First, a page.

Still a way to go for Japanese minorities

Ainu drummers hammer out the sounds of their musical tradition. The Ainu were not officially recognised as an indigenous people until 2008. (Photo by:  Gianfranco Chicco).

Author: Tessa Morris-Suzuki, ANU

In August 2014 Yasuyuki Kaneko, a city councillor for Sapporo, sparked intense controversy by tweeting ‘there are no such people as the Ainu any more, are there? [But] they constantly demand rights they don’t deserve. How can this be reasonable?’ Read more…

Japanese war apologies lost in translation

Japanese Emperor Akihito and Empress Michiko offer a flower wreath at a memorial for the US military as they offer prayers for war victims at Peleliu island in Palau on 9 April 2015. 15 August 2015 marks the 70th anniversary of the end of the Pacific War. (Photo: AAP).

Author: Tessa Morris-Suzuki, ANU

15 August 2015 marks the 70th anniversary of the end of the Pacific War. It should be a solemn moment for reflection on a terrible episode that took many millions of lives, inflicted untold suffering and had consequences that still profoundly shape our world. Read more…

Remembrance, reconciliation and the East Asian memory wars

SOUTH KOREA JAPAN PROTESTS

Author: Tessa Morris-Suzuki, ANU

‘The past’, as William Faulkner once wrote, ‘is not dead, it isn’t even past’. Nowhere is this more true than in today’s East Asia. The recent ‘memory wars’ between the countries of the region — particularly (though not exclusively) between Japan and its neighbours China and Korea — are eloquent testimony to the power of the past to haunt the present and influence the course of domestic and international politics. Read more…

Japan and the art of un-apologising

A regular rally of former so-called comfort women call for an apology from Japan in front of the Japanese Embassy in Seoul, South Korea, 22 January 2014. Japan forcibly took tens of thousands of Asian women, mostly Koreans, to battlefields to provide sexual services for the Japanese army during World War II. (Photo: AAP).

Author: Tessa Morris-Suzuki, ANU

The Japanese government has long had difficulties coming up with effective apologies for the wartime misdeeds of the country’s military. For decades, while many ordinary Japanese grassroots groups worked tirelessly to right the wrongs of the past, the silence from the corridors of power in Tokyo was deafening. Read more…

Comfort women issue is a global human rights problem

Members of South Korean conservative groups protest outside the Japanese Embassy in Seoul on 1 March 2014. The protest comes after the Japanese government on 28 February said it would review how a previous administration had drawn up a landmark statement on comfort women, who were forced to serve as prostitutes for Japanese soldiers during World War II. (Photo: AAP)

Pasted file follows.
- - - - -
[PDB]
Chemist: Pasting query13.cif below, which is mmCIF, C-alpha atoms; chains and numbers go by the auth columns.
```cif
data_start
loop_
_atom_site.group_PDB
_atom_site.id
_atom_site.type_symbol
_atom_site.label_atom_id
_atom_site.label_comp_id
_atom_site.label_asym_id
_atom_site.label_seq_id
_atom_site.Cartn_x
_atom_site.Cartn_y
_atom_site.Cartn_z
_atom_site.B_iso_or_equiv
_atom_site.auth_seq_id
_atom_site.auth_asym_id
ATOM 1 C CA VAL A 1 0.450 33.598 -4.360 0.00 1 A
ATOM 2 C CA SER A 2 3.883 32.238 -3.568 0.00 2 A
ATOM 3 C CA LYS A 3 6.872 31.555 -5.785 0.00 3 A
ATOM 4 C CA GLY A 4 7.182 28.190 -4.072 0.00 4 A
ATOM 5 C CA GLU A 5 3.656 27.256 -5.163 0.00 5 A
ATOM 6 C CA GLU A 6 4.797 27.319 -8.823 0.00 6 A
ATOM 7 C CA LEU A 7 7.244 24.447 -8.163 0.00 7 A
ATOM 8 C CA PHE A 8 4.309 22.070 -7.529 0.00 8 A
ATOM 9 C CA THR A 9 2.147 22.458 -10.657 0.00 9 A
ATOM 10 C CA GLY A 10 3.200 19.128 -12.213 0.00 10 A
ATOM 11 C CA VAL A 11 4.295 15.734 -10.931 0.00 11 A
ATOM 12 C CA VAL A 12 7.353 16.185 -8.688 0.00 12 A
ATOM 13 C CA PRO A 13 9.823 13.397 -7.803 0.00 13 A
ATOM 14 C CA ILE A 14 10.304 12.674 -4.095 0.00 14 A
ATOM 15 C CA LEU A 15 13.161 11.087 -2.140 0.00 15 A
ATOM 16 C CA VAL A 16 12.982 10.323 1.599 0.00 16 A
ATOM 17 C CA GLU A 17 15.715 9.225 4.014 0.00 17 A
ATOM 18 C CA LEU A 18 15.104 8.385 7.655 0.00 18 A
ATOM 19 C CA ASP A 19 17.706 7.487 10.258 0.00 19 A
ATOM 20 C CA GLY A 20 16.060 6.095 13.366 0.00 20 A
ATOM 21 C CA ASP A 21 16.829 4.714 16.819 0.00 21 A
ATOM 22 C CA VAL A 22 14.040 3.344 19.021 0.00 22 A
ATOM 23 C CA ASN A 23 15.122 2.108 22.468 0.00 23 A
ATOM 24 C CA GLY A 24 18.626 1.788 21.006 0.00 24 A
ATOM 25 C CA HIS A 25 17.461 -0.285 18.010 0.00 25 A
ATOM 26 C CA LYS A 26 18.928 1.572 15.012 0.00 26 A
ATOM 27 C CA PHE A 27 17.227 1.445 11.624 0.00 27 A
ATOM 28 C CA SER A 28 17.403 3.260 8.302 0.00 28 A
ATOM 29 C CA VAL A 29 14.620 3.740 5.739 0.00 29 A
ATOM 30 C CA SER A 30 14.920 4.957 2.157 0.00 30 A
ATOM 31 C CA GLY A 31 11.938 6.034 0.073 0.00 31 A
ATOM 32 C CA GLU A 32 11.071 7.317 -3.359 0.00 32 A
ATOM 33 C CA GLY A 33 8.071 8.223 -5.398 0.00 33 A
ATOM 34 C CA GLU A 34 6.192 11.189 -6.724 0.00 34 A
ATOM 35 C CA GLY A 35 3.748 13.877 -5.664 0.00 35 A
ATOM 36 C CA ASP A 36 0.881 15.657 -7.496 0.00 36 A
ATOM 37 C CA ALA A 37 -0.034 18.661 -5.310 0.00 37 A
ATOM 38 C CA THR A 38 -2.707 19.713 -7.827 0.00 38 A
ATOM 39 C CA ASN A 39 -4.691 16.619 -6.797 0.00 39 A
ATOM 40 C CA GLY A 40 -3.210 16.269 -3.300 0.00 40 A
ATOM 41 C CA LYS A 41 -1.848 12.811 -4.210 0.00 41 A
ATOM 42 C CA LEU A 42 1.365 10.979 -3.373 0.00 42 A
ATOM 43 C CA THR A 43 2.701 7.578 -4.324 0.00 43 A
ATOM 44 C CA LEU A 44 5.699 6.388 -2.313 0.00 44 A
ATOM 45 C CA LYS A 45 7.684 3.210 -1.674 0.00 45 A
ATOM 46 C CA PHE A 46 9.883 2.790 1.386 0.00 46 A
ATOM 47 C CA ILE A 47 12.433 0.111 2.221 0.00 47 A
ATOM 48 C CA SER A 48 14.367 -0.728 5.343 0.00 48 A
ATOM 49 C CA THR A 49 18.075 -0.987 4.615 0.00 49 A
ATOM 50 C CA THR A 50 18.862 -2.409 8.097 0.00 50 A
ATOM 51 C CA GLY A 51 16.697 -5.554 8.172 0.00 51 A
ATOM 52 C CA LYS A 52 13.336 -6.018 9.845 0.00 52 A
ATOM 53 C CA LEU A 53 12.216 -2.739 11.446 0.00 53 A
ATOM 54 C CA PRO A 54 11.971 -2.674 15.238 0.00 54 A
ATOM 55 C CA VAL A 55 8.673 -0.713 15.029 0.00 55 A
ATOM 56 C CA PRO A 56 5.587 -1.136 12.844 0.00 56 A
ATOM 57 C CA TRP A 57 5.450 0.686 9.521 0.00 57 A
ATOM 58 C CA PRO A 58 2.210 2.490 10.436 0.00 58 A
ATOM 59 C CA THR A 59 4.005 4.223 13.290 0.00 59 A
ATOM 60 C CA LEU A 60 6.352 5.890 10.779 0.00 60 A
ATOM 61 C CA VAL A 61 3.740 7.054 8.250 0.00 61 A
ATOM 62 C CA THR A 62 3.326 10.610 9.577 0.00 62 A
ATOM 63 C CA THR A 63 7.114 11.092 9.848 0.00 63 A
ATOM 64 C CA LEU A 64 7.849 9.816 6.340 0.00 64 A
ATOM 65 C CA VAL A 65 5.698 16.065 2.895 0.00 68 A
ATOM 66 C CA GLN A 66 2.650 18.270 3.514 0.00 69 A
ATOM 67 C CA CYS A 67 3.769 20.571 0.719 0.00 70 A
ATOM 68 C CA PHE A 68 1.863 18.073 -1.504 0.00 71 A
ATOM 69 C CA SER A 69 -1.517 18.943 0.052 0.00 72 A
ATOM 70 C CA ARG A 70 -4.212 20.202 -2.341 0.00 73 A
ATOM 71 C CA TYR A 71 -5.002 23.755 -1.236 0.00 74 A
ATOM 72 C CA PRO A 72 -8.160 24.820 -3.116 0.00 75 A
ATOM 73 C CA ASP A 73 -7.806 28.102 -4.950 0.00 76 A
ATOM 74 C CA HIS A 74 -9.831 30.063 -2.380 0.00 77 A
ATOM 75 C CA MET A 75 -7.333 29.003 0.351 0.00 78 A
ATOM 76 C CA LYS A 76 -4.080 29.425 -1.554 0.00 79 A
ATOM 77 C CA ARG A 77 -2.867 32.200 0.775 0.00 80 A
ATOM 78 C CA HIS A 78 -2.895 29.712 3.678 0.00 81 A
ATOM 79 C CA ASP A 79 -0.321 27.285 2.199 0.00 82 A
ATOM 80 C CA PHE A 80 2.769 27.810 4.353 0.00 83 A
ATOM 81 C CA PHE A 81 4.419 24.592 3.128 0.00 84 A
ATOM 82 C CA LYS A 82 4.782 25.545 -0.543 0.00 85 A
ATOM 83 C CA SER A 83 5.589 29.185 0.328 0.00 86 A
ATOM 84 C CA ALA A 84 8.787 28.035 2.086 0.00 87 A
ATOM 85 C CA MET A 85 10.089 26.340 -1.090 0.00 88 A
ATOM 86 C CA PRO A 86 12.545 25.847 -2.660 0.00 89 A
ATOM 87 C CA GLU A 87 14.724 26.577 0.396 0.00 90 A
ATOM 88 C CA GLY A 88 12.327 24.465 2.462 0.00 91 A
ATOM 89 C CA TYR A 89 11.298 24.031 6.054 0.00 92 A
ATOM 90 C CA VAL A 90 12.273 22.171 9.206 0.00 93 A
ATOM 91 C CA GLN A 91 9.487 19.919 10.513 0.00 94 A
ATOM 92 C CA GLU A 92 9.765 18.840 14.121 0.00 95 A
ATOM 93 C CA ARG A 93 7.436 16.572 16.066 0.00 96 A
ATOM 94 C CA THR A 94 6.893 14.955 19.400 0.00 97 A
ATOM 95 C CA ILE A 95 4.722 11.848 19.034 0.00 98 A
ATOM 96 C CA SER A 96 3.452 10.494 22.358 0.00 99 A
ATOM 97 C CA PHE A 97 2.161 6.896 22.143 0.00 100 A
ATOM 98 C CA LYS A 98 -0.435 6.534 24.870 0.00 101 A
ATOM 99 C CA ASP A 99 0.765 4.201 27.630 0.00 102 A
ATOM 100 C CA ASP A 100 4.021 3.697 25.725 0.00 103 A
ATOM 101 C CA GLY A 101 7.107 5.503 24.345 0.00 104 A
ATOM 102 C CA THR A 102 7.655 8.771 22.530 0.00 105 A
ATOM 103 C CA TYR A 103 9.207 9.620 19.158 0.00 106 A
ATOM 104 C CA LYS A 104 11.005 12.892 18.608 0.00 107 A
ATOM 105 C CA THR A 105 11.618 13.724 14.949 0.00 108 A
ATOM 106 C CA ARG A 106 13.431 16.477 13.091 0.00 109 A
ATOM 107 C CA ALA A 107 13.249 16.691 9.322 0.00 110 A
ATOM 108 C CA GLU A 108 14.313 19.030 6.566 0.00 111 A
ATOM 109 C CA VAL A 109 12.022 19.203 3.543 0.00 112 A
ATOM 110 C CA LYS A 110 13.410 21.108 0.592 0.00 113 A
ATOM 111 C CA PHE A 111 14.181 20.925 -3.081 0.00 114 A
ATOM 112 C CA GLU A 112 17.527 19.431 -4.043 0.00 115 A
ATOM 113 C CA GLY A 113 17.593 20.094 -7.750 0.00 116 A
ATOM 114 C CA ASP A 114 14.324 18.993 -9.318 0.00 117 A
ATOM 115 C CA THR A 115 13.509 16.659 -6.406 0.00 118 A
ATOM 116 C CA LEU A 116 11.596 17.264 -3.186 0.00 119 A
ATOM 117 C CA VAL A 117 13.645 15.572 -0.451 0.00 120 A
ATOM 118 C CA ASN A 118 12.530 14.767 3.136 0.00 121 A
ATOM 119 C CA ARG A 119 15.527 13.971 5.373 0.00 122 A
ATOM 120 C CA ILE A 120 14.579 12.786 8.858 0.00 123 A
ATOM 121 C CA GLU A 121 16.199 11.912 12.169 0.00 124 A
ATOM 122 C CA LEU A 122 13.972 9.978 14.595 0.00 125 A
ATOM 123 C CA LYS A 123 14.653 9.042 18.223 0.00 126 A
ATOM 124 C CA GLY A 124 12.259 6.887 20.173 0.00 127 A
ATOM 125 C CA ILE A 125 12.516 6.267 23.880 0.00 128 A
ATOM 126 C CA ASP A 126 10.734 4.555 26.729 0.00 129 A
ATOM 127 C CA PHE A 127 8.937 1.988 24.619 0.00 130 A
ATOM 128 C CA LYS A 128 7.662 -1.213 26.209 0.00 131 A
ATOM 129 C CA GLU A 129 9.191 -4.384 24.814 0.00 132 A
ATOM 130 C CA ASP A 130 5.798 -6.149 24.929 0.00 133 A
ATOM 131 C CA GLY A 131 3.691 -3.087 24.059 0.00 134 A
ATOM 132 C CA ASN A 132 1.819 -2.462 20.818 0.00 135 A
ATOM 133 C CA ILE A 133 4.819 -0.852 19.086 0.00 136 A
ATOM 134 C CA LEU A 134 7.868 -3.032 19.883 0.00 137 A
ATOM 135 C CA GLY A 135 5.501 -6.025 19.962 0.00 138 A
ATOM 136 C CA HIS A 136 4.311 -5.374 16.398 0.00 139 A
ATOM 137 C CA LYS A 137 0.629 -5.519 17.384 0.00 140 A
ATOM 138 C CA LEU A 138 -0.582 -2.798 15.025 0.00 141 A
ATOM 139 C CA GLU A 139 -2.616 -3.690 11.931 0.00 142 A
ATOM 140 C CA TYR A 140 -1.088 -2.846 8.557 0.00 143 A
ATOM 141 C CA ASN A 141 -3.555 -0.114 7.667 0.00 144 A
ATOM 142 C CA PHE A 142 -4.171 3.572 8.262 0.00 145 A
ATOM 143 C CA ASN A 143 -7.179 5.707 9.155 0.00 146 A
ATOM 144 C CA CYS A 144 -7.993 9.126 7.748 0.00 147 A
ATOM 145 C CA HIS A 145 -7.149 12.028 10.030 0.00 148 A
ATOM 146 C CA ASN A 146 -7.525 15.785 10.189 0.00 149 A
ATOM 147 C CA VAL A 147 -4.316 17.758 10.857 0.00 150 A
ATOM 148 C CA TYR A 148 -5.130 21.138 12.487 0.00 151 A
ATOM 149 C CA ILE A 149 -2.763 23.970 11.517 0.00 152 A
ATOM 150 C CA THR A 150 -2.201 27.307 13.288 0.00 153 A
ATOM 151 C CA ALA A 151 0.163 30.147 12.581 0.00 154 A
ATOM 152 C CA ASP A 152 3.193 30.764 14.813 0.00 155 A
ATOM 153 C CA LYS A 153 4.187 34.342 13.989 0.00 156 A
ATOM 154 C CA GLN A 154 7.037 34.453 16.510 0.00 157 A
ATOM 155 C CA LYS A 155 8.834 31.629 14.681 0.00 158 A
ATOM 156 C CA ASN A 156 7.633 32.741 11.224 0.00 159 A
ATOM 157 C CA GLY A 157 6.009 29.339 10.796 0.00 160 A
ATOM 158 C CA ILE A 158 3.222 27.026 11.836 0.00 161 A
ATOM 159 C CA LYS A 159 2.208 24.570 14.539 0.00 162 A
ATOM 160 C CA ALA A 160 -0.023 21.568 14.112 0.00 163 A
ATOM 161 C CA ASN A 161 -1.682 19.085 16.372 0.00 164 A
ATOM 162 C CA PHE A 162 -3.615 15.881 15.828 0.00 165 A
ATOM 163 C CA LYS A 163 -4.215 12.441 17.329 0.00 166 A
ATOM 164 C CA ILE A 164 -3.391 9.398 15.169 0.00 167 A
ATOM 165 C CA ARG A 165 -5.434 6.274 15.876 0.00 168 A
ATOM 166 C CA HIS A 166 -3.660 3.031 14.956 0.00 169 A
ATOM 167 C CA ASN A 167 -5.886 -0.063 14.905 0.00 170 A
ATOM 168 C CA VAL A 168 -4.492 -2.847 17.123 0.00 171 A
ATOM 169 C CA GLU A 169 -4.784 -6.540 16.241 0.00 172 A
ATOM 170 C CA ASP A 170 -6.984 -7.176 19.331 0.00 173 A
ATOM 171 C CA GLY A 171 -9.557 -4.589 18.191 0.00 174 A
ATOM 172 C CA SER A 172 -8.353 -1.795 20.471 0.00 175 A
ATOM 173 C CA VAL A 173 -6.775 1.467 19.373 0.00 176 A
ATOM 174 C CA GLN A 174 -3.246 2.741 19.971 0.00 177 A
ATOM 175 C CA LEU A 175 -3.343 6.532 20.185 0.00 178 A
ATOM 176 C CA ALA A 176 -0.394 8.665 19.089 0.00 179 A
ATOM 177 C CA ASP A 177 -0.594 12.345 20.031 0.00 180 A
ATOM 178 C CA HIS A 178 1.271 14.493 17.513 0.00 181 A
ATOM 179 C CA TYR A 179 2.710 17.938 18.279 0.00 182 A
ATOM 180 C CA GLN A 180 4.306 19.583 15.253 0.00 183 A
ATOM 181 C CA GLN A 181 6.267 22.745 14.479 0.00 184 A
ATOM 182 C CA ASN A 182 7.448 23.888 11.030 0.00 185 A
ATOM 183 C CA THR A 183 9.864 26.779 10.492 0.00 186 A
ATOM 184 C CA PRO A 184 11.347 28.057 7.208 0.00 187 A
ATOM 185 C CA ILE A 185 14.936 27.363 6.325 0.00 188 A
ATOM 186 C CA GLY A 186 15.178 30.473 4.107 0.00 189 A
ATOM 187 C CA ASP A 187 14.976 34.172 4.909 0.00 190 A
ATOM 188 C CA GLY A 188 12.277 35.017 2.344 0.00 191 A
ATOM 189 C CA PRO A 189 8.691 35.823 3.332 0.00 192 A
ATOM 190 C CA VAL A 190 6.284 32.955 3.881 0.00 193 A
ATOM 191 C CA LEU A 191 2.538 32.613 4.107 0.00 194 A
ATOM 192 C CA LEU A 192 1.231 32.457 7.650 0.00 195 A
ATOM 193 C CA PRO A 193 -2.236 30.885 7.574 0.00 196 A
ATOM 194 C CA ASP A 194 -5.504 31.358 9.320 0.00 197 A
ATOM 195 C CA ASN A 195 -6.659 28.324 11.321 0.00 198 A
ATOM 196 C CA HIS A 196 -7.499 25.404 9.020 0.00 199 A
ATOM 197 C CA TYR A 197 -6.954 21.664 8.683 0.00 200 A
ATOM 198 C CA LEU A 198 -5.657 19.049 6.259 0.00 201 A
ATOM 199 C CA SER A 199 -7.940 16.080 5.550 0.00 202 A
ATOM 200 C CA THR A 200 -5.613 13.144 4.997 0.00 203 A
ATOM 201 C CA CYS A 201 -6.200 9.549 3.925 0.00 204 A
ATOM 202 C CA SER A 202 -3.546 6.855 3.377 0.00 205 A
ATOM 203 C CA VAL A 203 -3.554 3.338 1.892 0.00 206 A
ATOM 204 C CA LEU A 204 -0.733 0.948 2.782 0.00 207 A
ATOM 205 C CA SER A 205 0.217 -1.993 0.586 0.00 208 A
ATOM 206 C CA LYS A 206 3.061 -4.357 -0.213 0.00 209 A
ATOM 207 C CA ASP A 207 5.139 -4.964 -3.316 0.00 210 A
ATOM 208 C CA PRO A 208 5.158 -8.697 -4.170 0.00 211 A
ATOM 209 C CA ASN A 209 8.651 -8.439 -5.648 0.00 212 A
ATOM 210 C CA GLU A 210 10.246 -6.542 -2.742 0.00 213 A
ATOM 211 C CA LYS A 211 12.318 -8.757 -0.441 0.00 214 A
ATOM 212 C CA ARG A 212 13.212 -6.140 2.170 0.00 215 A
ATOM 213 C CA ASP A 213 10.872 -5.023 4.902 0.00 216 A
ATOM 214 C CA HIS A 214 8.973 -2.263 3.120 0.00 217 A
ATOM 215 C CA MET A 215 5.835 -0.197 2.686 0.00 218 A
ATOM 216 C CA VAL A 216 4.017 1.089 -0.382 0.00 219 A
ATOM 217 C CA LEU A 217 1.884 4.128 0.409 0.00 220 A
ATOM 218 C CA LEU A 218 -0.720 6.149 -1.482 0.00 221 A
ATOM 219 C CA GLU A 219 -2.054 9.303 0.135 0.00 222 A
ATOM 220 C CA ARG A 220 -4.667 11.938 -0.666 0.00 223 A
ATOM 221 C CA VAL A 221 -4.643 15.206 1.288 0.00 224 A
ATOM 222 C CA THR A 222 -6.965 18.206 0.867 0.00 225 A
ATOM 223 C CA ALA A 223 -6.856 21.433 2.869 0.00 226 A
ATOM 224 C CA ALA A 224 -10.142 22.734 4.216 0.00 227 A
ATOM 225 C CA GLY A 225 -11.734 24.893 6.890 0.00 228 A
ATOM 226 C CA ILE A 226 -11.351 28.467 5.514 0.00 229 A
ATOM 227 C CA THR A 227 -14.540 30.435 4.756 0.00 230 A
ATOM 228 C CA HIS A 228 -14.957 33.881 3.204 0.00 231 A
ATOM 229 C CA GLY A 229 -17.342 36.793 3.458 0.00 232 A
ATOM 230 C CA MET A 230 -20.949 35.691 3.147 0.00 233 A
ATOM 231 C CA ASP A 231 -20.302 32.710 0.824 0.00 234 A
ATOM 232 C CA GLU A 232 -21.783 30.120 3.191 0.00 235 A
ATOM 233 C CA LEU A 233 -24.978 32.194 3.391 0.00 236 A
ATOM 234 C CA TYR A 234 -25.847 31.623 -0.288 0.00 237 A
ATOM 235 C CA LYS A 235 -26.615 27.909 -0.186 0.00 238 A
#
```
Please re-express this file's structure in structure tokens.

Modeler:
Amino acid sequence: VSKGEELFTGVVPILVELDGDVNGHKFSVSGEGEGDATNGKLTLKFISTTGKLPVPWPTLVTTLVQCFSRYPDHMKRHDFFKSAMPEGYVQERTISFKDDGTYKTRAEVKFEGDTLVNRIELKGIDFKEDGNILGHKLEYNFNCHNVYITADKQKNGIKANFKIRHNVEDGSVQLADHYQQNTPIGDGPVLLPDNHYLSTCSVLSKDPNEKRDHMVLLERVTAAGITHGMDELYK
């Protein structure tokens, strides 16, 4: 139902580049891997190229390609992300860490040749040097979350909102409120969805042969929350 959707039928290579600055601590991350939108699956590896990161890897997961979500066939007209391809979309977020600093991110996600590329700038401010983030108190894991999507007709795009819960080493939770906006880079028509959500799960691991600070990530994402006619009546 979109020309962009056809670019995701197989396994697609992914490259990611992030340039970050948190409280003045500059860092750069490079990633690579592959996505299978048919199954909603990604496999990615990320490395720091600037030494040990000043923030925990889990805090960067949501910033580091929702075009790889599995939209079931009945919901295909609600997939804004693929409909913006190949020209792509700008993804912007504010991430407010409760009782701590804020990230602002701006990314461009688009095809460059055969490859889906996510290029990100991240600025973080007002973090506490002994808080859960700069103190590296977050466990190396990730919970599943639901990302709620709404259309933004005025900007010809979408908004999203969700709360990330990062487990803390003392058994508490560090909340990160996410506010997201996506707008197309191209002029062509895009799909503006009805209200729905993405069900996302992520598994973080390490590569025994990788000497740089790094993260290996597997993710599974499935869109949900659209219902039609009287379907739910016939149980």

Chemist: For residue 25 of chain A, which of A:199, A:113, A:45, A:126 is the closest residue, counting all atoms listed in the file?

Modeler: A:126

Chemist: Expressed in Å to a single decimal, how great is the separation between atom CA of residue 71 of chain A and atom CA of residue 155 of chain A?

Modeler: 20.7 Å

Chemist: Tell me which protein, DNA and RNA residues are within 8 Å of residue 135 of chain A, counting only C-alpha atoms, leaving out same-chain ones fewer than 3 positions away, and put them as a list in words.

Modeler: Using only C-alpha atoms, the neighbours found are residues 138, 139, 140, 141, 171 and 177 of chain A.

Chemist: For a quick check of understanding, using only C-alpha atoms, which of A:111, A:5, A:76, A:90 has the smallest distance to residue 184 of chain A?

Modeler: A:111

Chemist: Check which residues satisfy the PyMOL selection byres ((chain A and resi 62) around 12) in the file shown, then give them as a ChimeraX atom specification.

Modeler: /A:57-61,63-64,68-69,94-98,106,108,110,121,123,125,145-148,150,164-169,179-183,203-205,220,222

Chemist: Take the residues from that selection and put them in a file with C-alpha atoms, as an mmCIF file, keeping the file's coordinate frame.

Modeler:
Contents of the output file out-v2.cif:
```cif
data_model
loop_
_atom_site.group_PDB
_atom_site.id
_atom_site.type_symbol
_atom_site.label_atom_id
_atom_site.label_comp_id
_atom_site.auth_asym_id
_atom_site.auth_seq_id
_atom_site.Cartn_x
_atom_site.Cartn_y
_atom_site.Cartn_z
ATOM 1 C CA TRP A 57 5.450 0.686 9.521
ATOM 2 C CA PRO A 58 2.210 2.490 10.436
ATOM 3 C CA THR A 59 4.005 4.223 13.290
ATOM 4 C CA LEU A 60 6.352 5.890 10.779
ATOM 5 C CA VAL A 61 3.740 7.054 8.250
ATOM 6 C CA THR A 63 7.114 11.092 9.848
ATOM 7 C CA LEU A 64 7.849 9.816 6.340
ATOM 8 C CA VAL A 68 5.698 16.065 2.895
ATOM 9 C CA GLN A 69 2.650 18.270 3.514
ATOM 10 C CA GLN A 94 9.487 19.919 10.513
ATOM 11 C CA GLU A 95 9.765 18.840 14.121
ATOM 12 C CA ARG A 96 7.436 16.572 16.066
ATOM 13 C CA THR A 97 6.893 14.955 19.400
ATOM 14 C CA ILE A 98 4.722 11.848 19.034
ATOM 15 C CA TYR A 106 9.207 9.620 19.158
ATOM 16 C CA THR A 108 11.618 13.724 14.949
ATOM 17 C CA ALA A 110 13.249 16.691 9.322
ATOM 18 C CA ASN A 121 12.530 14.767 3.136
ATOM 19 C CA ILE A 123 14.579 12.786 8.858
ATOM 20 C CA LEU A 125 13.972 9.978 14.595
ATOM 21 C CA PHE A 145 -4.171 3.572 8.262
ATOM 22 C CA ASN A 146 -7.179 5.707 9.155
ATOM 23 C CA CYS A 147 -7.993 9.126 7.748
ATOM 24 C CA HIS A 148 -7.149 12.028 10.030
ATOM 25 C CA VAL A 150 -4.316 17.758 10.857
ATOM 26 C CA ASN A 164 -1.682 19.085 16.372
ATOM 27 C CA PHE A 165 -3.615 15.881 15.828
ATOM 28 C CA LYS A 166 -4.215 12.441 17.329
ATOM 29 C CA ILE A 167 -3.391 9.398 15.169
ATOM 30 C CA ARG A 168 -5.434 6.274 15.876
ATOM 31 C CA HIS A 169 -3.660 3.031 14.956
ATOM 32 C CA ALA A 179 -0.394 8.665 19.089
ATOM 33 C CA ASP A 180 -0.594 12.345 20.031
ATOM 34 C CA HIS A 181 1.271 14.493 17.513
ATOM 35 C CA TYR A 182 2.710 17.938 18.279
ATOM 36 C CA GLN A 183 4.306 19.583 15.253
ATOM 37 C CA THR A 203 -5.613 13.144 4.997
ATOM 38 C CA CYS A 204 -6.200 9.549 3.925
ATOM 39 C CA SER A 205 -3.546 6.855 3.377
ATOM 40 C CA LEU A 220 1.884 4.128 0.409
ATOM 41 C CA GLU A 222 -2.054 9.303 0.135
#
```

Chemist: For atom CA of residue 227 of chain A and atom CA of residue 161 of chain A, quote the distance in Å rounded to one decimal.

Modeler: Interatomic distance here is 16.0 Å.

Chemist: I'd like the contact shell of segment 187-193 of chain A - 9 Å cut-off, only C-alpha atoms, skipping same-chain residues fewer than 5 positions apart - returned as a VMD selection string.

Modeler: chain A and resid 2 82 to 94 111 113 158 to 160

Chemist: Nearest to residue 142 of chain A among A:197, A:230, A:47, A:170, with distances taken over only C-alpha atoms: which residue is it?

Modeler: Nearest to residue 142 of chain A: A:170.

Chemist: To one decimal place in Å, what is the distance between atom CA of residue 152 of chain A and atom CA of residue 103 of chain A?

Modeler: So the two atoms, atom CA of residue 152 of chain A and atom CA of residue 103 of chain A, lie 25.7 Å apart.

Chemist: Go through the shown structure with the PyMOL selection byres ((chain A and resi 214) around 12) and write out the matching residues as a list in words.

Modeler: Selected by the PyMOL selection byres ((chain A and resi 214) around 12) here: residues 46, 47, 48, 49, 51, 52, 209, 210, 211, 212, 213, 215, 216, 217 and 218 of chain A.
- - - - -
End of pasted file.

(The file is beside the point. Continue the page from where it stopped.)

Author: Tessa Morris-Suzuki, ANU

For the past year, Northeast Asia has been in the grip of a worsening spiral of tensions, provoked by territorial disputes and nationalist statements by political leaders. Careful diplomacy to defuse the deepening crisis is urgently needed. Read more…

Free and fair? NHK and the Tokyo election

Katsuto Momii, new president of public broadcaster NHK, at his inaugural news conference at the start of his three-year term in Tokyo on 25 January 2014. Top government spokesman Yoshihide Suga defended Momii for his remarks at this conference that the use of women as military prostitutes was common worldwide during World War II. (Photo: AAP)

Author: Tessa Morris-Suzuki, ANU

In an age of media transformation, when commercial broadcasters and newspapers are battling for advertising revenue, the impartiality of public broadcasting is more vital than ever to democratic debate. The appointment of a new leadership to Japan’s national broadcaster, NHK, and its coverage of the upcoming Tokyo election vividly illustrate the possible risks of political intervention in public broadcasting. Read more…

What was Abe thinking, going to Yasukuni?

Japanese Prime Minister Shinzo Abe speaks to reporters as he visits and offers prayers at the controversial Yasukuni Shrine  in Tokyo on December 26, 2013. The inflammatory visit angered China and South Korea which accused Japan of whitewashing a history. (Photo: AAP).

Author: Tessa Morris-Suzuki, ANU

When a new Liberal Democratic Party (LDP) government headed by Shinzo Abe came to power a year ago, international reactions were deeply divided. Some commentators expressed alarm at the new prime minister’s nationalist rhetoric, and warned of heightened tensions in East Asia. Others, pointing to the experience of Abe’s earlier brief period in power in 2006–07, suggested that, despite the rhetoric, Abe was a pragmatist Read more…